This sales prospecting technique will show you exactly where to find prospects that are just like your best customers. Use it to find warm leads for your sales pipeline. It includes questions you can ask to start effective sales conversations.
Think of your top 5 customers. They don’t give you headaches. They pay their bills on time. And they are easy to work with. They’re even willing to provide customer testimonials. They are your best customers for a good reason.
Wouldn’t it be nice to find prospects that are just like your best customers?
1. Where to Find Prospects
It’s actually a lot easier than you might think. Follow these proven sales prospecting steps to know where to find prospects.
The first step in sales prospecting is to determine where to find prospects. You want to go where your best prospects hang out. Chances are, that’s exactly where your best customers hang out, too.
Contact your 5 best customers. Tell them you are doing some market research and ask them this question:
Which networking events do you never miss?
Note the way I phrased this. I didn’t say “which networking events are you planning on going to?” I said “which events do you never miss?”
Your best customers will share the conferences, seminars, trade shows, user group meetings and other events that offer incredibly good networking opportunities.
This is one of the simplest, yet most overlooked methods of sales prospecting.
Your customers may be distributors or wholesalers who resell your product line to their customers.
If you ask this question to your top 5 customers, it’s a very good bet that you will find prospects just like them at those events.
Then, ask your customer if you can tag along or attend that networking event with them.
2. Get Your Best Customers to Endorse You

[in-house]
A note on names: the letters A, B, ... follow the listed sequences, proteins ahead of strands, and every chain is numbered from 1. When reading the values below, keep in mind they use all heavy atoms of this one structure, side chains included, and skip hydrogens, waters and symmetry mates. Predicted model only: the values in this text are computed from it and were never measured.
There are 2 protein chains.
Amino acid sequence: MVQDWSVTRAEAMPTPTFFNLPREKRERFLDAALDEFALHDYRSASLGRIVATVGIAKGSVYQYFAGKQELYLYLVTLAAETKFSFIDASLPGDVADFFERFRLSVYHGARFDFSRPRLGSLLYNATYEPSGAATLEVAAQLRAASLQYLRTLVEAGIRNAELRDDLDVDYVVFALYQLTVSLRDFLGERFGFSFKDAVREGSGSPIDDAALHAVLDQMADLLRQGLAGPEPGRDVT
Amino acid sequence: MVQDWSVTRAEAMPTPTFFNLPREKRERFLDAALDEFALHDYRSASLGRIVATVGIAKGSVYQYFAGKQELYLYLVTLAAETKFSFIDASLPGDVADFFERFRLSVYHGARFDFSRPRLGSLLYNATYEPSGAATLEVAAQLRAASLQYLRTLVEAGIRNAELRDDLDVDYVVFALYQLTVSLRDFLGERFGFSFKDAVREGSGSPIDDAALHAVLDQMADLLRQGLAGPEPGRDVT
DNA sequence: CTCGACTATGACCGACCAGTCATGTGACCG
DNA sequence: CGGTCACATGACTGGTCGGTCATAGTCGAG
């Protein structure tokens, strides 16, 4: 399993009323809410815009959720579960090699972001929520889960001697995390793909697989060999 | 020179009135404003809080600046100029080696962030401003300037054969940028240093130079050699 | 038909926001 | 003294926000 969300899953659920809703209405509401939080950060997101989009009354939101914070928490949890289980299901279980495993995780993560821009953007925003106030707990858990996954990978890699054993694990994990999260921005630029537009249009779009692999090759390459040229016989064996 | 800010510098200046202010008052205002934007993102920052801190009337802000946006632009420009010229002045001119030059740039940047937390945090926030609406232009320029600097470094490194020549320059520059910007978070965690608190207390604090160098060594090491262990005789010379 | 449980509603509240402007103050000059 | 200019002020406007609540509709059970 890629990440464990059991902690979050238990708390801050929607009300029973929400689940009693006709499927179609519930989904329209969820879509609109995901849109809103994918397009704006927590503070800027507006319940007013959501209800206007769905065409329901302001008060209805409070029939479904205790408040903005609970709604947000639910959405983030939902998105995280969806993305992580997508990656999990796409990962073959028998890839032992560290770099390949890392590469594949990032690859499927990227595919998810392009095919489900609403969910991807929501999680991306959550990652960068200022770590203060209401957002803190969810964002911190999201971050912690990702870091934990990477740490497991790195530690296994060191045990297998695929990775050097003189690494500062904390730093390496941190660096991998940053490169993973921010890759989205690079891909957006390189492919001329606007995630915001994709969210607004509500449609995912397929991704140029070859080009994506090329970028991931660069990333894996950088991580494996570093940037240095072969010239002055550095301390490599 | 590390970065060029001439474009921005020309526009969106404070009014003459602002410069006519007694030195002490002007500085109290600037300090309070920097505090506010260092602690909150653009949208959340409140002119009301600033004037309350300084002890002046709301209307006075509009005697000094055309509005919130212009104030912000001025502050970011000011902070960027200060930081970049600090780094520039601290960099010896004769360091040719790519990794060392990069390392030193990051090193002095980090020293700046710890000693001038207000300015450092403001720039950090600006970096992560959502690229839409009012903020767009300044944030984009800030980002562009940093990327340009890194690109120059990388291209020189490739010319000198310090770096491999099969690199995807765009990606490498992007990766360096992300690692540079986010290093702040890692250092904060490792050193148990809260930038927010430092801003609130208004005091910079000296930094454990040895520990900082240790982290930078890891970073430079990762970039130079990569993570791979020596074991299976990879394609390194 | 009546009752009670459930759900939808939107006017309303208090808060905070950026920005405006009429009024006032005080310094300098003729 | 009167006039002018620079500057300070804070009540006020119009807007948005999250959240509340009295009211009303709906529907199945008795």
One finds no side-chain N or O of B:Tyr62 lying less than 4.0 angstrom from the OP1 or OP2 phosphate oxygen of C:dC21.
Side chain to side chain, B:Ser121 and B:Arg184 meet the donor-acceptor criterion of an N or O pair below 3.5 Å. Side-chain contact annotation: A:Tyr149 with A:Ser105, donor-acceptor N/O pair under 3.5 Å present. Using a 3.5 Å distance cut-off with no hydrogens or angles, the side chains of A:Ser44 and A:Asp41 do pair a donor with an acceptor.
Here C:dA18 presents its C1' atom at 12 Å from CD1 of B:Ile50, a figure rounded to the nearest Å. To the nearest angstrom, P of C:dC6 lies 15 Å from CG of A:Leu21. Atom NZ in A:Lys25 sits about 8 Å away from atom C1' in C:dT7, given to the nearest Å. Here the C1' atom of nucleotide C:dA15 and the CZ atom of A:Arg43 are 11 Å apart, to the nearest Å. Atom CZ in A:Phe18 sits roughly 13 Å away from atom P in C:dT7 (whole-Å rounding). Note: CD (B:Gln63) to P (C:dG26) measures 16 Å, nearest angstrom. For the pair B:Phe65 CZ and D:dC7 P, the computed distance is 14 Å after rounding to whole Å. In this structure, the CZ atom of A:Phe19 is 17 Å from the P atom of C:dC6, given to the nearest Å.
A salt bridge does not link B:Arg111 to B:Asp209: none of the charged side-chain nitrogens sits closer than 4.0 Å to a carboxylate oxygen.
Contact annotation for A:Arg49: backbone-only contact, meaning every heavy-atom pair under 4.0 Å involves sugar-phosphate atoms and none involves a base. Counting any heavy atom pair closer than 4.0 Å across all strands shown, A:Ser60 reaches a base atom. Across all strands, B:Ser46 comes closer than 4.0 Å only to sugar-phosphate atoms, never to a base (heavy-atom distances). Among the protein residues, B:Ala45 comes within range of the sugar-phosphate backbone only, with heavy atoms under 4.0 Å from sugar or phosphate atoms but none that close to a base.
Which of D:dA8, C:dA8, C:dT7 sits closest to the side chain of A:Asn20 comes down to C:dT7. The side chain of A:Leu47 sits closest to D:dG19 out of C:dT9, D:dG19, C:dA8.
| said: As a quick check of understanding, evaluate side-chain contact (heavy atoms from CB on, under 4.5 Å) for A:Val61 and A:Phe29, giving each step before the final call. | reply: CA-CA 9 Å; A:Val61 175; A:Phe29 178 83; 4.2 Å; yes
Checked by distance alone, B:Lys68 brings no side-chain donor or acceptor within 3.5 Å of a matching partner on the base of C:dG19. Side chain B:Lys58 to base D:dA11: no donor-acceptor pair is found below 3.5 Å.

At the networking event, your customers will automatically become advocates for your business – without you prompting them.
Stand in the same circle of people with your customers and they will start to introduce you to people they know.
Again, if they’re your top clients, they will probably say things like “yes, Joe’s company handles all of our <description of your services> – they do a great job!” – all within earshot of your new acquaintances.
3. Questions to Ask During Sales Prospecting
As you talk to people at networking events, don’t dive into what their business is and try to figure out if there is a fit for you. That’s like saying, “Hi, nice to meet you. Will you marry me?” They just met you. They need to get to know you first.
Instead of diving into business questions, ask what I call relationship building questions:
- Are you from around here?
- Did you grow up here?
- What made you move to the area?
Look for commonalities. Maybe your kids go to the same school, maybe you both played sports in college, or both served in the military. Note that none of this goes into business. It’s all about building relationships.
4. Be the Connector, Provide Them With a Lead